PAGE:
I’ve been a fan of Bravo’s Top Chef since the beginning. Now in its tenth season, I’ve yet to get tired of watching this hour-long food porn adventure each week. One of the reasons is Tom Colicchio.
You may ask, “What’s so great about Tom Colicchio anyway? My response to that would be, “What isn’t?”
There are the obvious things, like, he was born in New Jersey to Italian-American parents. He lives in Manhattan but cooks out of a New York kitchen and feels you don’t need to have a “Rolls-Royce kitchen to make a great meal.” He’s been married to the same woman years, has three children and once said that his least favorite thing about Top Chef is the travel. He misses his family and wants to be home.
I’m also impressed by where he started and where he is now. There’s his atypical food background — Colicchio is self-taught and didn’t attend culinary school like most of his colleagues. He started cooking at home with this mother and grandmother, and the help of Jacque Pépin’s French cooking manuals La Technique and La Methode. He continued to hone his skills on his own before he began cooking in a local restaurant in Elizabeth, NJ at the age of 17.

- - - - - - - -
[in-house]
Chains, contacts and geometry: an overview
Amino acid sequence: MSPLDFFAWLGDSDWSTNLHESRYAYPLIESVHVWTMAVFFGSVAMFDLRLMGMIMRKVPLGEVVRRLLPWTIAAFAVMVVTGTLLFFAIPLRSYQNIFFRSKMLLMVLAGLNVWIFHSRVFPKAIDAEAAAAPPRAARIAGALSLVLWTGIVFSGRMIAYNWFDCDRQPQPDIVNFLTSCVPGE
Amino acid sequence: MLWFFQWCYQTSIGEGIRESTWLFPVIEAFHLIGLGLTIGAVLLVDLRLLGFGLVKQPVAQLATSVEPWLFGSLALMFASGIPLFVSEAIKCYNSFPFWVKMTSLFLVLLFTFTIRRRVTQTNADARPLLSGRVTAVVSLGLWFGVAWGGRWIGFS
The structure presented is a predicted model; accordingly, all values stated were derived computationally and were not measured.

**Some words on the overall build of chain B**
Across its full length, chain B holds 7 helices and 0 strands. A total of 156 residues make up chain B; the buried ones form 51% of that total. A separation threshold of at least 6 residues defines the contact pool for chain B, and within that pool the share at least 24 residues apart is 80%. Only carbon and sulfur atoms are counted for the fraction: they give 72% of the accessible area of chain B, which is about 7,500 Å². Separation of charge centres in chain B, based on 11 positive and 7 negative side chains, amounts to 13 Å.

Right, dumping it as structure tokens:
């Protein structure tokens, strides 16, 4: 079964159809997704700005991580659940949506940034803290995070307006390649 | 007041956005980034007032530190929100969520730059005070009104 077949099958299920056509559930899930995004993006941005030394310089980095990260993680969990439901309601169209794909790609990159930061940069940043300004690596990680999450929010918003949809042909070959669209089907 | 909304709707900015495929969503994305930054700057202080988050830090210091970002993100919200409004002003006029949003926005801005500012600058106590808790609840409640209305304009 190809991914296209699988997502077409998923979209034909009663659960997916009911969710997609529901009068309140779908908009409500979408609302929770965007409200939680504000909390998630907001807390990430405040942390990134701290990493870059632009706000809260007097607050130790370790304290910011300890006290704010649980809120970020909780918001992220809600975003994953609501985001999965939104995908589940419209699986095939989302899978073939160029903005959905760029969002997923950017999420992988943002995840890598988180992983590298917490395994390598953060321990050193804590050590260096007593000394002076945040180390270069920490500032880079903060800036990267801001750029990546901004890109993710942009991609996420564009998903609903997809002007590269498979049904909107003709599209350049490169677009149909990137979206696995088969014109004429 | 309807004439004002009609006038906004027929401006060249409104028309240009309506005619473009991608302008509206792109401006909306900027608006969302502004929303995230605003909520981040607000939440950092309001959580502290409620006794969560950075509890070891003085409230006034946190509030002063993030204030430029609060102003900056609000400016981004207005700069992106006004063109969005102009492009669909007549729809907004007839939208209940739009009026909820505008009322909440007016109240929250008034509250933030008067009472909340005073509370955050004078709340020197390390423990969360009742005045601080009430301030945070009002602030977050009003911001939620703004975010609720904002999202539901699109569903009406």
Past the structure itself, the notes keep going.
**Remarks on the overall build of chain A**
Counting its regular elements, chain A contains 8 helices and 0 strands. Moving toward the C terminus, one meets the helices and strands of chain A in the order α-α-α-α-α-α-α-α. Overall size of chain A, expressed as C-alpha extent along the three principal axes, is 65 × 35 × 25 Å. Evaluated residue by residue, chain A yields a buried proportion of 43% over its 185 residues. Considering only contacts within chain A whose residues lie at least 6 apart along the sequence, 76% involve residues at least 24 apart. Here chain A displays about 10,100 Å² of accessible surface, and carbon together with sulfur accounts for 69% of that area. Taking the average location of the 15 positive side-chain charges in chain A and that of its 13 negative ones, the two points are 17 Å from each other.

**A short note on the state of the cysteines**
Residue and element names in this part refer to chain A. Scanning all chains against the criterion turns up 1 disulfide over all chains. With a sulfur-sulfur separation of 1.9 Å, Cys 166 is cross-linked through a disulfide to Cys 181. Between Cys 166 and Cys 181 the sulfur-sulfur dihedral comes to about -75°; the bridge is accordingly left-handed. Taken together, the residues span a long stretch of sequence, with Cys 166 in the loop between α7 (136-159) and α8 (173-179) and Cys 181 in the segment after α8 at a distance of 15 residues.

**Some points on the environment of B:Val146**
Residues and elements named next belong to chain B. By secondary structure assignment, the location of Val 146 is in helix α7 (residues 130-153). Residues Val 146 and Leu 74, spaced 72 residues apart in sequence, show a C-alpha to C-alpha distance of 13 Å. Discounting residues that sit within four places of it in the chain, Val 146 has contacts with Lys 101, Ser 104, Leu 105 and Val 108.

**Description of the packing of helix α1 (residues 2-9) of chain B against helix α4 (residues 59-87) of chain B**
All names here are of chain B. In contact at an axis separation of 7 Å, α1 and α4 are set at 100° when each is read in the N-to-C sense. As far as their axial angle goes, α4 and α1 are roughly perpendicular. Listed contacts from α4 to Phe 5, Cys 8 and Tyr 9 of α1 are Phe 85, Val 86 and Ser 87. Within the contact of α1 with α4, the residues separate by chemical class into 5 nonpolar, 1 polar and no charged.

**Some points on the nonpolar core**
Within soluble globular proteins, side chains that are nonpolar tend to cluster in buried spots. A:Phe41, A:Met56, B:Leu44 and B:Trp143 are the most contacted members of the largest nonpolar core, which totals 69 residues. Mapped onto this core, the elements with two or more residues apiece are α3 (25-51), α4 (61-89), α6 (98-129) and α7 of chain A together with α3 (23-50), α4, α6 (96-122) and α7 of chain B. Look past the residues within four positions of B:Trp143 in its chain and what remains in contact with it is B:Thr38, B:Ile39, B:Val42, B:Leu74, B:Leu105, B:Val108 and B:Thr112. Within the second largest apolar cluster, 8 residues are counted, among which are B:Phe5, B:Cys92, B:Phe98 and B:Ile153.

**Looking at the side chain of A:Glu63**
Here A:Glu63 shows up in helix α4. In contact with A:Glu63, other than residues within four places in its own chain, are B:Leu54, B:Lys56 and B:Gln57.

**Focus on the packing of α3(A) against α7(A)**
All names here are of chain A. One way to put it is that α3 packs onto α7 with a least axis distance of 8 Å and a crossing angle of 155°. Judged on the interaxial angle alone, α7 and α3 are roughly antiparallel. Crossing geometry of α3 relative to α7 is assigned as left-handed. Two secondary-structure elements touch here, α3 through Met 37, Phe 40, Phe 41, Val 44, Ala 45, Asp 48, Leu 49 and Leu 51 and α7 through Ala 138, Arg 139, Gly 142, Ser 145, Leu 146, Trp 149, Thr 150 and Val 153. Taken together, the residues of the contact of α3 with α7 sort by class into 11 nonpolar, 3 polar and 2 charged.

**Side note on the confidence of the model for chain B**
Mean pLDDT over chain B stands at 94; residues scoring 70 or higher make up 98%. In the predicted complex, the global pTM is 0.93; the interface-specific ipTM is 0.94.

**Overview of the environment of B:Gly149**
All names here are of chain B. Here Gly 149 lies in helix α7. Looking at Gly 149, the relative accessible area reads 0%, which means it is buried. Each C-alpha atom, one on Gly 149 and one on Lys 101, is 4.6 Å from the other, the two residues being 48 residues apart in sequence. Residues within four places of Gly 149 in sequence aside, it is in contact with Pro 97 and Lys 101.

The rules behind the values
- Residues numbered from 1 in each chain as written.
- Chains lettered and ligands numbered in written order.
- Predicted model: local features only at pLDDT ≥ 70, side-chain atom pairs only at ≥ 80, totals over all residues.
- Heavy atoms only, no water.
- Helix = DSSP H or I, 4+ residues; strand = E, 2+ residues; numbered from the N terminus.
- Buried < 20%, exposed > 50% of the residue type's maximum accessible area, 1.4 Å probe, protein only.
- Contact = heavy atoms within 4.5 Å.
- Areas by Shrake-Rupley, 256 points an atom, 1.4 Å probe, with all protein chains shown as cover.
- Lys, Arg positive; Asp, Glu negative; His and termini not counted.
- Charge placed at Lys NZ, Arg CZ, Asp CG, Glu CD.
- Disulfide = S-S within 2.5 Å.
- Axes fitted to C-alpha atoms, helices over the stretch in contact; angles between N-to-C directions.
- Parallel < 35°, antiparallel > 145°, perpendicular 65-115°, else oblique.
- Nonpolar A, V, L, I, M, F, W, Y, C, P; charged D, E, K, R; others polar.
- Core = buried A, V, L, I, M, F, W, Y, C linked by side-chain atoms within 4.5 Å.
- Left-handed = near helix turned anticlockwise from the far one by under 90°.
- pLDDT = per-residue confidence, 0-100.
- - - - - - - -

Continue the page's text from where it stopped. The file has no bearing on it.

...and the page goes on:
He went on to cook in some of the top kitchens in New York City including Gotham Bar & Grill and Mondrian. He partnered with Danny Meyer to open Gramercy Tavern in 1994, and sold his shares in 2006, moving on to open Craft, just one block away in the Flatiron District. Colicchio was awarded the title of Best Chef-New York by the James Beard Foundation in 2000, and Best New Restaurant for Craft in 2002. He is the recipient of five James Beard medals in total. He has authored three cookbooks.
He’s got a great sense of humor, and of course, he’s charming. On Top Chef, he’s known for his honest remarks, which have been cause for dispute at times on the show, but most often, his comments are taken in stride. Although outspoken when critiquing the competitors, Colicchio still has a gentle, nurturing side that’s obvious as he makes his rounds in the kitchen during the beat-the-clock challenges each week.
What’s more, his normal-guy appearance makes him completely approachable –– I’ve always felt that I could easily have a sit-down and chat over a glass of wine or a meal, and time would run out long before our conversation would.
I’ve been to both Craft and Craftbar. Some of the dishes I’ve tried include Spanish Octopus, Chorizo Fritter with Pimento Aïoli, the Roasted Beet Salad with Radicchio, Gorgonzola and Vincotto, the Spaghetti & Veal Ricotta Meatballs with Basil and San Marzano Tomato, and Berkshire Pork Belly with French Green Lentils, Endive, and Pearl Onions. If I’m honest, there was not one morsel left on a plate.
Have you eaten at any of Tom Colicchio’s restaurants? I’d love to hear about your experience.